Elevation of 12/15 lipoxygenase products in AD and mild cognitive impairment
Department of Pharmacology, University of Pennsylvania, School of Medicine, Philadelphia, PA 19104, USA. Annals of Neurology
(Impact Factor: 9.98).
10/2005; 58(4):623-6. DOI: 10.1002/ana.20558
The 12/15 lipoxygenase (12/15LOX) enzyme is increased in pathologically affected frontal and temporal regions of Alzheimer's disease (AD) brains compared with controls. Herein, we measured 12(S)-HETE and 15(S)-HETE levels, products of 12/15LOX, in cerebrospinal fluid (CSF) of normal individuals, subjects with mild cognitive impairment (MCI) and AD. Compared with controls, there was a significant increase of both metabolites in CSF from AD and MCI, which correlated with lipid peroxidation and tau protein levels. These results suggest that the activation of this enzyme occurs early in the course of AD, before the onset of overt dementia, thereby implicating 12/15LOX-mediated lipid peroxidation in the pathogenesis of AD.
Available from: Mark Webber Miller
- "During OXS, it initiates a cascade of cell death by attacking mitochondria and producing destructive reactive oxygen species (Li et al., 2009, 1997; Pallast et al., 2009; Seiler et al., 2008). Evidence suggests that it is also involved in the modulation of tau metabolism (Giannopoulos et al., 2013) and its metabolites have been found in post-mortem brain and cerebral spinal fluid of patients with Alzheimer's disease (Practicò et al., 2004; Yao et al., 2005) and in neurons and endothelial cells surrounding stroke damage (Yigitkanli et al., 2013). The two ALOX12 SNPs implicated in this study are located 4186 base pairs apart on opposite sides of a block of SNPs in high LD spanning the second through eighth exons of the gene. "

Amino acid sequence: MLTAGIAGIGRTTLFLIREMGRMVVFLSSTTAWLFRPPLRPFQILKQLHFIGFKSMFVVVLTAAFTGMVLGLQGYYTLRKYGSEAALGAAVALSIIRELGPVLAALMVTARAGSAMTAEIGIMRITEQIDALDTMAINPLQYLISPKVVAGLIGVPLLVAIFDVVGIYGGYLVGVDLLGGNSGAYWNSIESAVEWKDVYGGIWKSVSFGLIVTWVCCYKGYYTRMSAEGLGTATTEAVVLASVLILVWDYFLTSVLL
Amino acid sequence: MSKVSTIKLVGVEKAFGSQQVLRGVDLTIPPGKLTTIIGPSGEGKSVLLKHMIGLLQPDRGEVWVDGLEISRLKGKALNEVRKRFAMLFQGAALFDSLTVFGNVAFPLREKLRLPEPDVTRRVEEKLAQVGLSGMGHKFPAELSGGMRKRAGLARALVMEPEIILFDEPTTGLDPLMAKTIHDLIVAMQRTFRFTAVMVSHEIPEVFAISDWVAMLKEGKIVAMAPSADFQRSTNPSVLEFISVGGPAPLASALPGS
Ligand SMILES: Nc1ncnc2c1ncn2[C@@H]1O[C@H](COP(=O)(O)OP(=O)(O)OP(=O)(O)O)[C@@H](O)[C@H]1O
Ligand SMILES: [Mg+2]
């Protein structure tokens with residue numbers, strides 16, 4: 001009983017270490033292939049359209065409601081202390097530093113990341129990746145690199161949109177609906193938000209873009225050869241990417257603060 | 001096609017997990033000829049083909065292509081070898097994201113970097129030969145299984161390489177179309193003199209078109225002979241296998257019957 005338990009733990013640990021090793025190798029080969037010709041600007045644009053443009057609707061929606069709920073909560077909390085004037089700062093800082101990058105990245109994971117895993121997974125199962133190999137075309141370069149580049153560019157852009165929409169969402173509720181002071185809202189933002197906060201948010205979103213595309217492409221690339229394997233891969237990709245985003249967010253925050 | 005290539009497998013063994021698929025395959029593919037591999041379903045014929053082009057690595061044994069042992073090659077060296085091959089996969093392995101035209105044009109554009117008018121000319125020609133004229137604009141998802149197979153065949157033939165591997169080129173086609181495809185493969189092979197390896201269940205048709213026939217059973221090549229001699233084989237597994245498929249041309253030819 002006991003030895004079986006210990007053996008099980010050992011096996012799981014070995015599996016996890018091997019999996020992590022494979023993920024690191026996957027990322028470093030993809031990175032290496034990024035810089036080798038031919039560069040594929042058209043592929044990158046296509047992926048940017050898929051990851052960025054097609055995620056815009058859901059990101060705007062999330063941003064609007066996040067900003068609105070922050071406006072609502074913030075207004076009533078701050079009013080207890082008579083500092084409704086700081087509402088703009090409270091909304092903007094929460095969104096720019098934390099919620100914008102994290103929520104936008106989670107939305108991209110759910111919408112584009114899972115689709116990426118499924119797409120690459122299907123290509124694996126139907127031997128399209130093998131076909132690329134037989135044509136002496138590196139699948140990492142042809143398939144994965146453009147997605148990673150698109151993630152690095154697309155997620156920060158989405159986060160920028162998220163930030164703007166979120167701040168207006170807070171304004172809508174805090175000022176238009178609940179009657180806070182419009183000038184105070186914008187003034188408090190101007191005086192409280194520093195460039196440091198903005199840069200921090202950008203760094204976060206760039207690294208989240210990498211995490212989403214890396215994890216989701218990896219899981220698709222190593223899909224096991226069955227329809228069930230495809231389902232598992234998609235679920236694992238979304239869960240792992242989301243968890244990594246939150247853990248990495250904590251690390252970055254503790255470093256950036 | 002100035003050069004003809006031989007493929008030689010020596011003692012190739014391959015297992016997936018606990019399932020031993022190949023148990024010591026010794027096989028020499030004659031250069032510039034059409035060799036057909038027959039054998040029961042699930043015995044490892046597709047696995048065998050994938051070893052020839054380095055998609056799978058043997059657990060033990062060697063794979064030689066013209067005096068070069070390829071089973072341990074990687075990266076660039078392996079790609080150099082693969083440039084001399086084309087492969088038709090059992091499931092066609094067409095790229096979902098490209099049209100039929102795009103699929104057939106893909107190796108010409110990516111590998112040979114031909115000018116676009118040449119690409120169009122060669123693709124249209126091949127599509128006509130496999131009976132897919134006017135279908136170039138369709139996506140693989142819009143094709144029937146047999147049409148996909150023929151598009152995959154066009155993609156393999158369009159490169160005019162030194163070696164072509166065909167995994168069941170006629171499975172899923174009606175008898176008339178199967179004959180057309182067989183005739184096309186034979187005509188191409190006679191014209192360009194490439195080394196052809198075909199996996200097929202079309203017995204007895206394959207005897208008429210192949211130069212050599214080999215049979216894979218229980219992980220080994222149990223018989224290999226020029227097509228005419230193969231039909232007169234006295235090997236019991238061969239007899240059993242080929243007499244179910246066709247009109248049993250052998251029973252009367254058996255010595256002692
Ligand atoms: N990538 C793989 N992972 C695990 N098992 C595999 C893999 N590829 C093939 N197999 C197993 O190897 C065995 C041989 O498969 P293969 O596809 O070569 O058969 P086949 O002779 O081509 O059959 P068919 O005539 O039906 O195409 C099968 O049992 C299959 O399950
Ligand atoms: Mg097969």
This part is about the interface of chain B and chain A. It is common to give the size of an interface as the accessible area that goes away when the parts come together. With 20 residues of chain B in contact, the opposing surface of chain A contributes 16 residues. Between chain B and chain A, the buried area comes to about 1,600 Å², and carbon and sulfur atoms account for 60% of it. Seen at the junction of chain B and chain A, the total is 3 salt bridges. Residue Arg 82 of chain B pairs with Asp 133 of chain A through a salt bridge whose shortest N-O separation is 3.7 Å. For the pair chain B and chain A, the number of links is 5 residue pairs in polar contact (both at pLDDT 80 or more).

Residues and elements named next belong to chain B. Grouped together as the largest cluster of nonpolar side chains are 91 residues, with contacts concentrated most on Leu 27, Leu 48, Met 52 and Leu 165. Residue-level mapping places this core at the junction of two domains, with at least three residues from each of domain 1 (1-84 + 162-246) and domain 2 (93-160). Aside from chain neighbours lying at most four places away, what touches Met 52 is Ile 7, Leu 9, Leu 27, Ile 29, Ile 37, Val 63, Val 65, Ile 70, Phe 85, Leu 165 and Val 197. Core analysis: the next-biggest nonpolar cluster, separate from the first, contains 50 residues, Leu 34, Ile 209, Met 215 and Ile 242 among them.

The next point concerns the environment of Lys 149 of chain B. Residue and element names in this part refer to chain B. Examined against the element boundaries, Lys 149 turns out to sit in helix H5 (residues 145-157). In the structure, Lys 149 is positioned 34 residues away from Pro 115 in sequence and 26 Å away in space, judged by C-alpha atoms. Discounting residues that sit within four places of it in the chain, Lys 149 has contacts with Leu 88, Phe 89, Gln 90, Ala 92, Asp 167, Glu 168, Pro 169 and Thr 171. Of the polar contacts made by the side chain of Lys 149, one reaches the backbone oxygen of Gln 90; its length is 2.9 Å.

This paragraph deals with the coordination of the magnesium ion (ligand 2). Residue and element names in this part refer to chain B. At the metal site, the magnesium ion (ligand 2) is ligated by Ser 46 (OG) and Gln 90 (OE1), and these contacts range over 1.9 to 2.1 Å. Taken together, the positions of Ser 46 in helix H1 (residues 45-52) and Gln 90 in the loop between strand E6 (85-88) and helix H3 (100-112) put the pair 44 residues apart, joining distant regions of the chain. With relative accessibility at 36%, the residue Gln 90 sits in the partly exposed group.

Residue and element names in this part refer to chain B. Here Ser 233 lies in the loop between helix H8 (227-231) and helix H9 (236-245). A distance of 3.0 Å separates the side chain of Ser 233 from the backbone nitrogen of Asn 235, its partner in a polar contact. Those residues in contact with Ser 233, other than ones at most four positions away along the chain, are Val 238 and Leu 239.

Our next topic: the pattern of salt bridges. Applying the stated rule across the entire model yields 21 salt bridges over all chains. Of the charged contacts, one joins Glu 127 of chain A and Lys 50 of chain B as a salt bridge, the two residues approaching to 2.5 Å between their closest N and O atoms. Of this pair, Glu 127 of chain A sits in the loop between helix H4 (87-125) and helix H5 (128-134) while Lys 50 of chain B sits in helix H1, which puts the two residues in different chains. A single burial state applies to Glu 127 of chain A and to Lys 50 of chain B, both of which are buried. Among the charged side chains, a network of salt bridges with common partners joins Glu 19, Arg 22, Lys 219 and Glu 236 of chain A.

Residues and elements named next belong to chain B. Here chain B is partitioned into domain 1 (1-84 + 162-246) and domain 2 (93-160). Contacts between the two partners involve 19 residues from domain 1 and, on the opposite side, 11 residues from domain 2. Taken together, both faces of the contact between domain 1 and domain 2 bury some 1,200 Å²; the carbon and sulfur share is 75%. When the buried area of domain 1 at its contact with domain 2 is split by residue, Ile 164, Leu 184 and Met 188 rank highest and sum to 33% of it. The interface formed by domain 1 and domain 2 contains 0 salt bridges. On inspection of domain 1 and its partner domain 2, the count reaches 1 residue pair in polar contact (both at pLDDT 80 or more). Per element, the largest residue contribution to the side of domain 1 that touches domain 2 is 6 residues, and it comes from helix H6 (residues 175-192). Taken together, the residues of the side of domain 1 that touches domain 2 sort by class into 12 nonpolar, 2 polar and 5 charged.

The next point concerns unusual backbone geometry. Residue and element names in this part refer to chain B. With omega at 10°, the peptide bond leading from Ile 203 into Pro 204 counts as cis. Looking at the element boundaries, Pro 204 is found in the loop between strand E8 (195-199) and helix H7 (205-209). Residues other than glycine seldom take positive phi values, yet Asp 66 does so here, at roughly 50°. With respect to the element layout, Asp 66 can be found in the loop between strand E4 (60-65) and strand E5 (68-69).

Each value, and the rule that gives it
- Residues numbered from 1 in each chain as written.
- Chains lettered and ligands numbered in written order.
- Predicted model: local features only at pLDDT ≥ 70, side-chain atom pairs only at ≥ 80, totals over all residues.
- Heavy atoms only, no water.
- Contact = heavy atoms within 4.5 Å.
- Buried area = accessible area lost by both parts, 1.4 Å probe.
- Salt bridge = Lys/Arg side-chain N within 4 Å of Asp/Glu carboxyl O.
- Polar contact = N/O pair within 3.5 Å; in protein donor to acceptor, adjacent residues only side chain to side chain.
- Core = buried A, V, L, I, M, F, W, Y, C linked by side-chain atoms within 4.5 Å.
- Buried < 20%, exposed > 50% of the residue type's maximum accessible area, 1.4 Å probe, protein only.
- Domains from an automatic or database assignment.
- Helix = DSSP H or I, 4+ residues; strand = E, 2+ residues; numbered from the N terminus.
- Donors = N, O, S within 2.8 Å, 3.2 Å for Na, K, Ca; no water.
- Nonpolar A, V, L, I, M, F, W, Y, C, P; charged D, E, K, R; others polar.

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ABSTRACT: Oxidative stress has been implicated in many common age-related diseases and is hypothesized to play a role in posttraumatic stress disorder (PTSD)-related neurodegeneration (Miller and Sadeh, 2014). This study examined the influence of the oxidative stress-related genes ALOX 12 and ALOX 15 on the association between PTSD and cortical thickness. Factor analyses were used to identify and compare alternative models of the structure of cortical thickness in a sample of 218 veterans. The best-fitting model was then used for a genetic association analysis in White non-Hispanic participants (n = 146) that examined relationships between 33 single nucleotide polymorphisms (SNPs) spanning the two genes, 8 cortical thickness factors, and each SNP × PTSD interaction. Results identified a novel ALOX12 locus (indicated by two SNPs in perfect linkage disequilibrium: rs1042357 and rs10852889) that moderated the association between PTSD and reduced thickness of the right prefrontal cortex. A whole-cortex vertex-wise analysis showed this effect to be localized to clusters spanning the rostral middle frontal gyrus, superior frontal gyrus, rostral anterior cingulate cortex, and medial orbitofrontal cortex. These findings illustrate a novel factor-analytic approach to neuroimaging-genetic analyses and provide new evidence for the possible involvement of oxidative stress in PTSD-related neurodegeneration. Published by Elsevier Ltd.